Senate Could Give New President Early Legislative Victories

(Rich Addicks - AP)
By Paul Kane
Washington Post Staff Writer
Monday, December 1, 2008

As Senate Democrats prepare for next year's agenda, they are likely to have a working filibuster-proof majority on a variety of legislative issues that could provide early victories for President-elect Barack Obama.

Though they are two votes short of their quest for 60 votes -- with two races still undecided -- Democrats say that regular support from a few Republican moderates will allow them to pass bills that were halted in the current Congress by GOP parliamentary roadblocks. These include health-care programs, immigration revisions and presidential nominations.

"The truth is . . . we will be fine on most major issues. We will almost always have some moderate Republican support," said Sen. Amy Klobuchar (D-Minn.).

Voting rights in Congress for the District of Columbia is another example. Legislation to expand the House of Representatives from 435 to 437 seats by giving the District and Utah an additional vote each were three votes shy of the 60 needed to end a filibuster in September 2007. Eight Republicans voted with the Democratic majority, which is 51 to 49 and includes two independents.

Come January, seven Republicans who voted against the compromise plan to allow Del. Eleanor Holmes Norton (D-D.C.) to become a full-fledged member of the House will be replaced by Democrats. Aides said they are not clear when the legislation will be reconsidered, but some District voting-rights activists are so confident of passage that they are advocating a push for two District seats in the Senate. Norton, however, favors seeking just the House seats.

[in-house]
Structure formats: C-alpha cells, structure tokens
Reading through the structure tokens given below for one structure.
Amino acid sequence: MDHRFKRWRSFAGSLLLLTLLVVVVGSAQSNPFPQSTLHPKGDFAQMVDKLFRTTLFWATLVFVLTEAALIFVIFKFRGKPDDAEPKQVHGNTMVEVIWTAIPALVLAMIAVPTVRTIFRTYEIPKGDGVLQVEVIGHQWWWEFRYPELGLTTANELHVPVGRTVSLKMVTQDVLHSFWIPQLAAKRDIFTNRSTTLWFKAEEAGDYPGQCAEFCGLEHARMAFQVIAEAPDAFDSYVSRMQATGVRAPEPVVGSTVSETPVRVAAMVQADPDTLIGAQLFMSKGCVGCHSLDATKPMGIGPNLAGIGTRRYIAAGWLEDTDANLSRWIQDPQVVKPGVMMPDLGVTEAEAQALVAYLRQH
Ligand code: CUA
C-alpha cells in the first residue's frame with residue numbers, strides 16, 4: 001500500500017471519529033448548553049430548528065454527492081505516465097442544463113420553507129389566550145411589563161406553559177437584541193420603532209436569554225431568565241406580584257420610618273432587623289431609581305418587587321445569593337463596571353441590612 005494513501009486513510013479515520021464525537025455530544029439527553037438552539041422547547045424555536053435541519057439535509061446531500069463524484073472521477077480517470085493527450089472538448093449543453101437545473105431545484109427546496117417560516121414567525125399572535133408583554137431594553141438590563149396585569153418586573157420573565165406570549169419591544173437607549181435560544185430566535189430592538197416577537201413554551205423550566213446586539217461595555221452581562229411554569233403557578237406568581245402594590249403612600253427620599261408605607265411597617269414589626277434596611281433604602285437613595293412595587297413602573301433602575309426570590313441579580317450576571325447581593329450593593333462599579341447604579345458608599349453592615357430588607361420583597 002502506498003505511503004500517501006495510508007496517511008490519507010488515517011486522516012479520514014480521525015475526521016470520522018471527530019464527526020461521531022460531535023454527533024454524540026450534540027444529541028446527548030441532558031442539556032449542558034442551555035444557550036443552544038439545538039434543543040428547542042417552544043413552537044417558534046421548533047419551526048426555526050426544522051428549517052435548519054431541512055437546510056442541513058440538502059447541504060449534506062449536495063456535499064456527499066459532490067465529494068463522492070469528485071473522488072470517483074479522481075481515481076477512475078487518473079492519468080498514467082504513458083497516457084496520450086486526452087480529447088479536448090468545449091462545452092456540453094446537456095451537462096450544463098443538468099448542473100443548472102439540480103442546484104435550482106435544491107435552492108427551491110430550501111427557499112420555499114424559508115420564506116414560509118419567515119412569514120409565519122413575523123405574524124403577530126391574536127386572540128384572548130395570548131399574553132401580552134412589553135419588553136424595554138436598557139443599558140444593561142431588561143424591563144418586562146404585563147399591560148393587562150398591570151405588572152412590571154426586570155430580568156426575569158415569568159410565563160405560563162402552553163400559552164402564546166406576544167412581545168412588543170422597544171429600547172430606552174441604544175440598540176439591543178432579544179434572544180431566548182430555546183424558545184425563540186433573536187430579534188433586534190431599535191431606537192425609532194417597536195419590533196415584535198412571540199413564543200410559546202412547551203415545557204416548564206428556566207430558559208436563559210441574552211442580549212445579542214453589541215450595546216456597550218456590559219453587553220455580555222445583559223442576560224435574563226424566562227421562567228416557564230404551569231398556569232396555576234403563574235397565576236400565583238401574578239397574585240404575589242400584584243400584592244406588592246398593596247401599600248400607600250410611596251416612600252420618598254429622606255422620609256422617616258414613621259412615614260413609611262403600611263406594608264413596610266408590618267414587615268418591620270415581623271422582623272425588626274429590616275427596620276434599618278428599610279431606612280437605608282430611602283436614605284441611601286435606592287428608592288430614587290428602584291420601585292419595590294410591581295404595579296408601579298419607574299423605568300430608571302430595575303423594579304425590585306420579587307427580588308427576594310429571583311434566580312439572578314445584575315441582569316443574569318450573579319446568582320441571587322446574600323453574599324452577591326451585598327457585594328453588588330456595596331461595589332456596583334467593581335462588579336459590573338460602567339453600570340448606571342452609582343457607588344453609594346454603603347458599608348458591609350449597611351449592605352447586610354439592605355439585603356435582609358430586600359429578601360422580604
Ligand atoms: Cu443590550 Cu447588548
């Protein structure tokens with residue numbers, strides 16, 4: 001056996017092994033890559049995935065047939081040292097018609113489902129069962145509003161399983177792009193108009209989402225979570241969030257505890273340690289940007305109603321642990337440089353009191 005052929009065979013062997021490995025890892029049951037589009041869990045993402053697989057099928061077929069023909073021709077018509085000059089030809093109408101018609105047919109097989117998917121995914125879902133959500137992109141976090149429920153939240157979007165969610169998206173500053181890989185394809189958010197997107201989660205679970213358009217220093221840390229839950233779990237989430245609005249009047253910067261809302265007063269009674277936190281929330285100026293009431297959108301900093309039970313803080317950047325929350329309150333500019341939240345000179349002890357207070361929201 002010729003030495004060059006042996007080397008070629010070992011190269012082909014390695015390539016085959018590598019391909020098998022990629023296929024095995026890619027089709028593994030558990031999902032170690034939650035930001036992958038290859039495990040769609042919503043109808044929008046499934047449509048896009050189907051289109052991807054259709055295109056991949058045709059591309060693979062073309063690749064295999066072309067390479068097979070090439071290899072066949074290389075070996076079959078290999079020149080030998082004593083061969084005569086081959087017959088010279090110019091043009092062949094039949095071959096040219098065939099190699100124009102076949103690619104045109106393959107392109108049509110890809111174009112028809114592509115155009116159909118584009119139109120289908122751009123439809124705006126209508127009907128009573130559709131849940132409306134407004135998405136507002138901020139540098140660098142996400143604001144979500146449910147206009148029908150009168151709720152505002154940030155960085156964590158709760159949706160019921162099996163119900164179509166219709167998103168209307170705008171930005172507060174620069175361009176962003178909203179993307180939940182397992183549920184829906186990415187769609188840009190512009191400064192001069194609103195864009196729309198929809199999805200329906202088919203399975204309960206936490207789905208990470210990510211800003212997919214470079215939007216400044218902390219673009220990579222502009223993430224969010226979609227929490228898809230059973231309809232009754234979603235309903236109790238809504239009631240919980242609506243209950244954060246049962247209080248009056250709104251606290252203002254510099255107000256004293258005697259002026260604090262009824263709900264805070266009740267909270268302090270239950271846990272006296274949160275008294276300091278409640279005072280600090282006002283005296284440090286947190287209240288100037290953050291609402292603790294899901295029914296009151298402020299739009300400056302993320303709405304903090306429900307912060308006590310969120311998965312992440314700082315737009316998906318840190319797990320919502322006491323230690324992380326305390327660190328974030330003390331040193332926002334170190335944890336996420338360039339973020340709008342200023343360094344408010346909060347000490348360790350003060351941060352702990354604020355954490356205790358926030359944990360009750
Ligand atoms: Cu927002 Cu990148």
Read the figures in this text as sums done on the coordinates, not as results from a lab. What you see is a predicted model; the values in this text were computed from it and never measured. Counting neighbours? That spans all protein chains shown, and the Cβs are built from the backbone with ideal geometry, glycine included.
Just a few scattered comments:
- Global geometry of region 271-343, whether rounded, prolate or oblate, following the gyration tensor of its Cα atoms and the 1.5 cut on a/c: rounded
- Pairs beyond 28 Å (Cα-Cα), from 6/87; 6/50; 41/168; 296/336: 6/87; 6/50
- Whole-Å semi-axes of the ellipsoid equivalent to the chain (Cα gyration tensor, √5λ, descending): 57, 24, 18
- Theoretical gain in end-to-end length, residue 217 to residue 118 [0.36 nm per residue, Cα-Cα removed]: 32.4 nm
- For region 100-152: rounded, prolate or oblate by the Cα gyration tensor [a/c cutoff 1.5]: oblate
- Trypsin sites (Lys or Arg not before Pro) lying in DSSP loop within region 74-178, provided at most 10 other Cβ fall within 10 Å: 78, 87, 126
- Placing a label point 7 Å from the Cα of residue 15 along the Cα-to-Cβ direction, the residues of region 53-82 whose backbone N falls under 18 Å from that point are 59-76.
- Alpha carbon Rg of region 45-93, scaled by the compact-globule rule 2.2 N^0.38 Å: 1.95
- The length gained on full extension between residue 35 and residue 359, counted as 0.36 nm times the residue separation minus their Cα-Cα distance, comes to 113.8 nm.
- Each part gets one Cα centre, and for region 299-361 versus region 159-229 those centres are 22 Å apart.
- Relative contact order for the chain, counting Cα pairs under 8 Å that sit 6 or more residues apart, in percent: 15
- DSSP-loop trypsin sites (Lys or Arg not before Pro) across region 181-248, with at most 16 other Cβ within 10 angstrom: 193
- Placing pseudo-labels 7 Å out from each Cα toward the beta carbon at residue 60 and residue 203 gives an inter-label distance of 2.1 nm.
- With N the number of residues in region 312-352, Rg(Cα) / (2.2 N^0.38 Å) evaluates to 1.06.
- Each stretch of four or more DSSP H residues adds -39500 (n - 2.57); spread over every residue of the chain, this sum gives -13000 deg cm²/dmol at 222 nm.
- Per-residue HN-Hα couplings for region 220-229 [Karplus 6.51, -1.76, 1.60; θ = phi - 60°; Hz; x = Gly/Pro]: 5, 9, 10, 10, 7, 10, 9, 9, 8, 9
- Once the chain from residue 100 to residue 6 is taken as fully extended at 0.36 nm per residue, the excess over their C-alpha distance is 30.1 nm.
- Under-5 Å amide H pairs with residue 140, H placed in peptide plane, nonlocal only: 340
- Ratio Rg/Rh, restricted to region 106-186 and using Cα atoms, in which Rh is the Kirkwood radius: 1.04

Democrats said much of their disappointment about falling short of 60 Senate seats dissipated when Anchorage Mayor Mark Begich (D) was declared the winner of the Senate race in Alaska, giving Democrats 56 seats, plus independents Joseph I. Lieberman (Conn.) and Bernard Sanders (Vt.), who caucus with them. Senate races in Minnesota and Georgia have not been decided.

Democrats are counting on moderate Republicans such as Maine Sens. Susan Collins and Olympia Snowe, who have tilted leftward on issues such as Medicare spending and the Iraq war, to provide the votes to block a filibuster.

"You're just one state away -- you're just Maine away -- in terms of who you need to work with," Klobuchar said.

Other potential swing votes are Sen. Arlen Specter (R-Pa.), whose socially liberal views make him a prospective Democratic recruit on spending matters and Obama's judicial nominations, and Sen. John McCain (R-Ariz.). McCain has supported some Democratic initiatives that are likely to see early legislative action next year, including federal funding of embryonic stem cell research.

Senate Democrats, however, must watch their right flank as they craft more sweeping initiatives. Sen. Ben Nelson (D-Neb.) has supported the Bush White House on many tax and budget issues this decade, and a quartet of Democrats elected in 2006 and 2008 -- Begich, Robert P. Casey Jr. (Pa.), Jon Tester (Mont.), and Mark R. Warner (Va.) -- all ran as centrists.

Republicans also expect that Democratic gains in the House and the Senate will showcase divisions among the party's wings, which largely put aside their differences in the past year in their pursuit of the White House.

Many of the Democratic pick-ups in the last two years have come in Midwestern and Southern districts considered Republican-leaning territory, and the House's Blue Dog Coalition of fiscally conservative Democrats -- at 49 members and growing -- may clash on major issues with a largely liberal leadership.

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